The Anglican Communion Network Annual Council opened today hosted by the Diocese of Fort Worth at Cathedral Church of St. Vincent in Bedford, Texas. Dioceses with representatives are Albany, Central Florida, Dallas, Fort Worth, Pittsburgh, Quincy, Rio Grande, San Joaquin, and Springfield. South Carolina is not represented. Other groups that are represented include AMiA, CANA, the Reformed Episcopal Church, the Anglican Province of America and Forward in Faith.
The opening address by Bishop Bob Duncan is available here. In it he noted he was coming to the end of his term as network moderator. In a later question and answer he said he was willing to continue as moderator only if others were willing to follow his lead. It's not entirely clear what that lead is, but as was reported earlier today on The Lead his diocese just provided a "toolbox" for parishes considering leaving the Episcopal Church.
These lines from Duncan's address may give some indication of the direction he has in mind:
Where we are is not where we had hoped to be. God, in His wisdom, has not used us to reform the Episcopal Church, to bring it back to its historic role and identity as a reliable and mainstream way to be a Christian. Instead the Episcopal Church has embraced de-formation—stunning innovation in Faith and Order—rather than reformation.At later discussion Duncan rebuked Rowan Williams saying that Williams has never really supported the Orthodox in the US. At the time of the formation of the Network Duncan said the Network was Williams' idea.
During this past year, the Network Bishops have done everything we could to work with a broader Windsor Coalition within the Episcopal Church’s House of Bishops. In order not to abandon the wider coalition in its one last stand, the Network Bishops have agreed to take part in the upcoming meeting with the Archbishop of Canterbury and members of the Primates Steering Committee and Anglican Consultative Council. We do so, some of us at least, without any implied recognition of or submission to the American primate, without any diminishment of our appeal for Alternative Primatial Oversight, and without any expectation that the Episcopal House of Bishops will turn from the course so unequivocally embraced at their March meeting.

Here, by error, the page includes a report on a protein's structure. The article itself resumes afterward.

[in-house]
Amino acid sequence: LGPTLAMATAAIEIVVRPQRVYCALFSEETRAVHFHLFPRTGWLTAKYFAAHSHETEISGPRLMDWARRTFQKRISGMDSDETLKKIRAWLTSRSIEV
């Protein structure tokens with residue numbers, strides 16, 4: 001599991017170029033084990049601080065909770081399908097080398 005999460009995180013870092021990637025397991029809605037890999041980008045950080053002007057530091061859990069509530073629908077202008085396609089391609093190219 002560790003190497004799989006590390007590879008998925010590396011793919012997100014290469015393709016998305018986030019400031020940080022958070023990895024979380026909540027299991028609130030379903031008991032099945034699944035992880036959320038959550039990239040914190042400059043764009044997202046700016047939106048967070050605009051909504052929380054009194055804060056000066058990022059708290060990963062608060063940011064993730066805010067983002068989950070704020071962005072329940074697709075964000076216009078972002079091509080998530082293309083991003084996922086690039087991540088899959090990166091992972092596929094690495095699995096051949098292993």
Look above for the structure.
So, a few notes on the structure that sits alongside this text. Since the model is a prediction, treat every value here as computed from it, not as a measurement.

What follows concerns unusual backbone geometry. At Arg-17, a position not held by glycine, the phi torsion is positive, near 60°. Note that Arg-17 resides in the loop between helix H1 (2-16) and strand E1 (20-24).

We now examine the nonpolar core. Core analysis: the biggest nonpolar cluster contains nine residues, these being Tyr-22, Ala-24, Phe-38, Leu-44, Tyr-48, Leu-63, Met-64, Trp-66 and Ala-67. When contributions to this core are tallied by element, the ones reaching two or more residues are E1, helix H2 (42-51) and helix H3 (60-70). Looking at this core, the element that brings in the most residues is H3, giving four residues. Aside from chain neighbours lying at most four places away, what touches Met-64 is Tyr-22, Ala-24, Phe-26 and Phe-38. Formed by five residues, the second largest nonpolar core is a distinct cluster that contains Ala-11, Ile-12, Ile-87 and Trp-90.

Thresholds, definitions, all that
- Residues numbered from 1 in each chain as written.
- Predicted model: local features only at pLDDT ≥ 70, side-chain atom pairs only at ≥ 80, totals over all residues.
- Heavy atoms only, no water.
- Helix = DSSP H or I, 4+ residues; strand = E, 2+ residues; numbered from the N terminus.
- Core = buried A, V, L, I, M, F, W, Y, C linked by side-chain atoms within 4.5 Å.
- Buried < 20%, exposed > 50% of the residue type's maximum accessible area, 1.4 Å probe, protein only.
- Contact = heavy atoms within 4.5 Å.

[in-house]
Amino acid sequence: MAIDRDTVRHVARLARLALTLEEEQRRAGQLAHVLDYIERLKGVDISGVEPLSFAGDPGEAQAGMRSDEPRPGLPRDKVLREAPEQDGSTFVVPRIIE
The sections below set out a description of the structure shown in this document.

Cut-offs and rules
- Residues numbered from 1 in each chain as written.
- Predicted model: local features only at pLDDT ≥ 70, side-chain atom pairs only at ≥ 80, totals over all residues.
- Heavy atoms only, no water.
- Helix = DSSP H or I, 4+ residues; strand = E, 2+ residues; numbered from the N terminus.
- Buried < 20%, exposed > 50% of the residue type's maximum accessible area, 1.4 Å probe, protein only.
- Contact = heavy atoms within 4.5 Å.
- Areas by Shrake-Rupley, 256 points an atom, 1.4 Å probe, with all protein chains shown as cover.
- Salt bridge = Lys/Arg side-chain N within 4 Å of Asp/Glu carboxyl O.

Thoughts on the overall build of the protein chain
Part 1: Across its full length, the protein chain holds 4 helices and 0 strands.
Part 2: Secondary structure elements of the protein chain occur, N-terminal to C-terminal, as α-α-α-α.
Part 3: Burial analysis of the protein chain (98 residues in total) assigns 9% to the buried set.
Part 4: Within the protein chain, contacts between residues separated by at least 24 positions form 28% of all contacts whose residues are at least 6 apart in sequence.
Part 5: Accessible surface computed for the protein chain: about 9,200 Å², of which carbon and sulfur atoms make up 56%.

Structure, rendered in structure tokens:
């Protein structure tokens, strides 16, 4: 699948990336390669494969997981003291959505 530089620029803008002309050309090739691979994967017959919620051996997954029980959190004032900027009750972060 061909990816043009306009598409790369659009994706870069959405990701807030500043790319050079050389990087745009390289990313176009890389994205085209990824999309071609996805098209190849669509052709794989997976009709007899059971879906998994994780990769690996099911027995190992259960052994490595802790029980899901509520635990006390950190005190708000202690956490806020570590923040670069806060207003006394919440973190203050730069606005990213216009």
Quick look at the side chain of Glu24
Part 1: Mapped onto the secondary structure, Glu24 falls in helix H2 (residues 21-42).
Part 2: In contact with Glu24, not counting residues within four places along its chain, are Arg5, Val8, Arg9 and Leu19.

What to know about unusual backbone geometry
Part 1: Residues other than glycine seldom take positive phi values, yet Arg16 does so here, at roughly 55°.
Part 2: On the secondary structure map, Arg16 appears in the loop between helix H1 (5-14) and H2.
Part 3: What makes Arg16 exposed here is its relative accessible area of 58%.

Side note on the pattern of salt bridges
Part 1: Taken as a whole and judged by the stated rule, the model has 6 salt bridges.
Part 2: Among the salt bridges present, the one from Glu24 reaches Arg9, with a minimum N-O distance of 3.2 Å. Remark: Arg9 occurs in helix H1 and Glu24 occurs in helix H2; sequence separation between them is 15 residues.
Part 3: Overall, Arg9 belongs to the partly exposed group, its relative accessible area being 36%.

The council unanimously approved a Theological Statement of the Common Cause Partners (scroll down). Duncan's diocese, Pittsburgh, voted with a reservation concerning women's ordination. Duncan favors it but many other members of the partnership do not.
Discussed today, and to be voted on tomorrow, are the Common Cause Articles. It includes this statement:
The Jurisdictions and Ministries of the Common Cause Partnership at the time of its inception are the American Anglican Council (AAC); the Anglican Communion Network (ACN); the Anglican Mission in the Americas (AMiA); the Anglican Network in Canada (ANiC); the Anglican Province of America (APA); the Convocation of Anglicans in North America (CANA); the Anglican Essentials Federation (AEF); Forward in Faith, North America (FIF/NA); and the Reformed Episcopal Church (REC).And it identifies as two of its tasks, "Furthering mutual understanding of its Partners with a view to eventual union when deemed appropriate ... and ... Support planting congregations by Partners."
Revealing, too, is who Duncan chose to name at the start of his address:
David Anderson, John Guernsey, Andy Fairfield, Dave Roseberry, Martyn Minns, Dan Herzog, Alison Barfoot, Bill Cox, John Yates, Bill Attwood, Bill Cobb, Valarie Whitcomb, Dwight Duncan, Ron Jackson, Dave Bena, Bill Murdoch, Don Armstrong—What do these believers all have in common? Great leaders, all; yes, of course. One other thing, at least: each was a priest or bishop (four bishops in fact) of the Episcopal Church at the Network Council one year ago. None is a leader of the Episcopal Church today.Archbishop Venables is also in attendance and led the day's Bible study.
See The Living Church's story here.